I’ve spent a lot of time this past week learning to “Think Different.” My daily life and business strategies have been dictated by the need to “do something” and “do it fast”. The technology forces dictating my response are out of my control, leaving me to complain in gloom and doom, or get clever to find a solution.
Alain Baraton has a far large life assignment than mine. Monsieur Baraton is charged with maintaining the magnificant gardens of Versailles. At the same time that French farmers in Lyon seek to preserve agricultural/horticultural patterns that are centuries old, Alain Baraton is defying the traditionalists and turning his back on centuries of horticultural practice.
Life in the land of Sun King fountains and Marie Antoinette fountains is under assault. The culprit: climate change.
Fooled by the mild temperatures, the chestnut trees are flowering twice a year and losing their glorious autumnal glow as a result. The pine trees that have lined the park’s avenues since the reign of Louis XIV are dying in unprecedented numbers. Last year saw so much rain that the lawns didn’t have to be mowed once.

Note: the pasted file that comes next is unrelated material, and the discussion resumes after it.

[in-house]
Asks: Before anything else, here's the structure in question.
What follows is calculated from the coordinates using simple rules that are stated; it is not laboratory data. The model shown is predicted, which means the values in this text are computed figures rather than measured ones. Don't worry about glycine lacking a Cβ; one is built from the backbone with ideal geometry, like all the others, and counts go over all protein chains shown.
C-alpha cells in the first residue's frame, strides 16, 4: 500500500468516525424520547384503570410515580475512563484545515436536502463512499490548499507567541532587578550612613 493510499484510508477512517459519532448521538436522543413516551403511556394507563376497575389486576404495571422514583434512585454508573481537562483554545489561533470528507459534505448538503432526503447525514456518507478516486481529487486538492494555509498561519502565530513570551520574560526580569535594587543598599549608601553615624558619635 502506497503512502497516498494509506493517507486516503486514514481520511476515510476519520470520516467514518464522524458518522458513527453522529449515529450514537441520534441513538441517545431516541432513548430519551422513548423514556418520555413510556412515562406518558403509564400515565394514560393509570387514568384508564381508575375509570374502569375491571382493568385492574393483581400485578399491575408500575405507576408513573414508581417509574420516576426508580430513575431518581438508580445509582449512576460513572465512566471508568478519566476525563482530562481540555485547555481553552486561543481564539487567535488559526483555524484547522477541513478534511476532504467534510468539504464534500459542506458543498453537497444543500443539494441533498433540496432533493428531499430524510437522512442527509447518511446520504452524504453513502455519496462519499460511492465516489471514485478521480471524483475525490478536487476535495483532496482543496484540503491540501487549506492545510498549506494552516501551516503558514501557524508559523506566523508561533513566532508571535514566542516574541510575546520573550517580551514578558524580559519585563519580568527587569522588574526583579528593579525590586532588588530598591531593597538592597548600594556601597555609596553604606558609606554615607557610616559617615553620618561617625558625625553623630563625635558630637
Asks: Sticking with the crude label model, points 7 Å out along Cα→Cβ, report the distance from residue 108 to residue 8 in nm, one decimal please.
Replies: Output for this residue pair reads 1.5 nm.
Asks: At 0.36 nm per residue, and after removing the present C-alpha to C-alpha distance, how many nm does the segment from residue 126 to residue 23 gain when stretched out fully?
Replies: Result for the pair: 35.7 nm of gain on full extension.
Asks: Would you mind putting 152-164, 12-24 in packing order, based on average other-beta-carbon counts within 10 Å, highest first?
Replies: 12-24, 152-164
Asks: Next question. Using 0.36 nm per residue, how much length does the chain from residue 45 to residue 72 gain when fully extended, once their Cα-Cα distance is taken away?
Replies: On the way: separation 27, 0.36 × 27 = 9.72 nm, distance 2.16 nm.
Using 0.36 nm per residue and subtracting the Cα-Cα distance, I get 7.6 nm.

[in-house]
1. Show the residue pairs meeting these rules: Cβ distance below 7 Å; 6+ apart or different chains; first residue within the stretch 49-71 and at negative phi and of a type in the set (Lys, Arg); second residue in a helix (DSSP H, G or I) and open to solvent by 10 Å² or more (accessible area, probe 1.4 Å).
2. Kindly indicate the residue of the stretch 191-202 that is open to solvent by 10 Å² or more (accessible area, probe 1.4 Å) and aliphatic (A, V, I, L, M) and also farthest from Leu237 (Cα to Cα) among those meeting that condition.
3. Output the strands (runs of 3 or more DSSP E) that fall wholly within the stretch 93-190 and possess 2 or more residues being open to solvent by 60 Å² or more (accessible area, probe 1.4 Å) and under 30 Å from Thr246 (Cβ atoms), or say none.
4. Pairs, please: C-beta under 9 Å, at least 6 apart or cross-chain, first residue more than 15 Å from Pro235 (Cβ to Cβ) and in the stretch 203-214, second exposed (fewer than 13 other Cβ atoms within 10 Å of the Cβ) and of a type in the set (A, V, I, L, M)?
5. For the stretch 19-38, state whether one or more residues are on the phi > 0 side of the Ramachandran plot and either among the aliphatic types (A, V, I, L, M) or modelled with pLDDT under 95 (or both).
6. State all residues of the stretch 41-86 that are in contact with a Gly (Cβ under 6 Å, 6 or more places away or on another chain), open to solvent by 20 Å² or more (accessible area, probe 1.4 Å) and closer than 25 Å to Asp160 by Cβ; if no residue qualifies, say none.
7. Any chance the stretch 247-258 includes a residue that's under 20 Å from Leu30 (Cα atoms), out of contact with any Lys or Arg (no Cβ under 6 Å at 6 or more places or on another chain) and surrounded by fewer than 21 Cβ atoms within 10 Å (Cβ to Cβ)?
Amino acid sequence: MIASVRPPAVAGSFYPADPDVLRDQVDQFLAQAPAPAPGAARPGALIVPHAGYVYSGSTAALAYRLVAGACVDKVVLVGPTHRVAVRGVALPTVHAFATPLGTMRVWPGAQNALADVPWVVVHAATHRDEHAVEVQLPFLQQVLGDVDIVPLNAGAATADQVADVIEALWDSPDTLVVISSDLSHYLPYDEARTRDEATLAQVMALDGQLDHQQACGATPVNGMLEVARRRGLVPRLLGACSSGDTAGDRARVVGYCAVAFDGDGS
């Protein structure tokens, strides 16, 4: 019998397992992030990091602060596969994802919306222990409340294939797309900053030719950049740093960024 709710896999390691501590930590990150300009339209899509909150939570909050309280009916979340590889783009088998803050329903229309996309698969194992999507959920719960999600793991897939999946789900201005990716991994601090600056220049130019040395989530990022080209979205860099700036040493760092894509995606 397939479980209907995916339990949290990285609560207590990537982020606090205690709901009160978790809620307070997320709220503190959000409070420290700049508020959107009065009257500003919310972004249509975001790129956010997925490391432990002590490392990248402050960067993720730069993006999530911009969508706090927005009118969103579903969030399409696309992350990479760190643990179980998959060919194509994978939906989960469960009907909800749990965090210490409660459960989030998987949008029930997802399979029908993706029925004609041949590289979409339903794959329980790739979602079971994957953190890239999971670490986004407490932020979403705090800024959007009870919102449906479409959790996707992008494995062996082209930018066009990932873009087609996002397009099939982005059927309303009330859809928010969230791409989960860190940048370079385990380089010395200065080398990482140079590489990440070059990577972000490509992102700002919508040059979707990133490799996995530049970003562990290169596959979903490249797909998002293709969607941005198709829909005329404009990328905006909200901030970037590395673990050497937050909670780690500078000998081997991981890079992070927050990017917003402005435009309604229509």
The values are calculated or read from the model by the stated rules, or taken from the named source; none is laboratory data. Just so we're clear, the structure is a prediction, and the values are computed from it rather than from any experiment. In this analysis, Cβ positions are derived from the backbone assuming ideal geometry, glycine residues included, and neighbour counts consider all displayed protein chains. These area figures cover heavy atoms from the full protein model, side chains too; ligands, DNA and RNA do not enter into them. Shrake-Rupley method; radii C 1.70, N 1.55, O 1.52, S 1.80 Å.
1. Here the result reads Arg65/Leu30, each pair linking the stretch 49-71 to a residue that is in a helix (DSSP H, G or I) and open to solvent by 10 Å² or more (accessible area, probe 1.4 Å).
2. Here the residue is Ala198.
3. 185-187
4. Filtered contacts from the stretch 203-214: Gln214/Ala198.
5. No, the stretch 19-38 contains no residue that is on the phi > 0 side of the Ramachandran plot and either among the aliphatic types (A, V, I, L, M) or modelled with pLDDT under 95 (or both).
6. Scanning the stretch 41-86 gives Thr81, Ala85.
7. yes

Monsieur Baraton is not a newbie to Versailles. He’s walked the 2000 acres since 1976, thinking of ways to outsmart devastating environmental forces. One of his most controversial decisions — to ban insecticides in the park — brought the birds back to Versailles.
Lured by the prospect of juicy worms to eat, birds returned to Versailles.
“It’s wonderful,” says Baraton. “There are a lot more big birds, the green woodpecker for instance. We’ve seen the return of the tit, which is a fabulously beautiful little bird, of sparrows and, above all, of swallows. They had disappeared. Now, they’re back.”Read more about Baraton’s scandalous “Think Different Approach” to horticulture online. And enjoy this beautiful two-art video about Versailles.
Reading the article, I’m drawn back to my one and only visit to Versailles.
It was a gorgeous September afternoon, and I remember this handsome French man sitting on a bench near the begonia beds …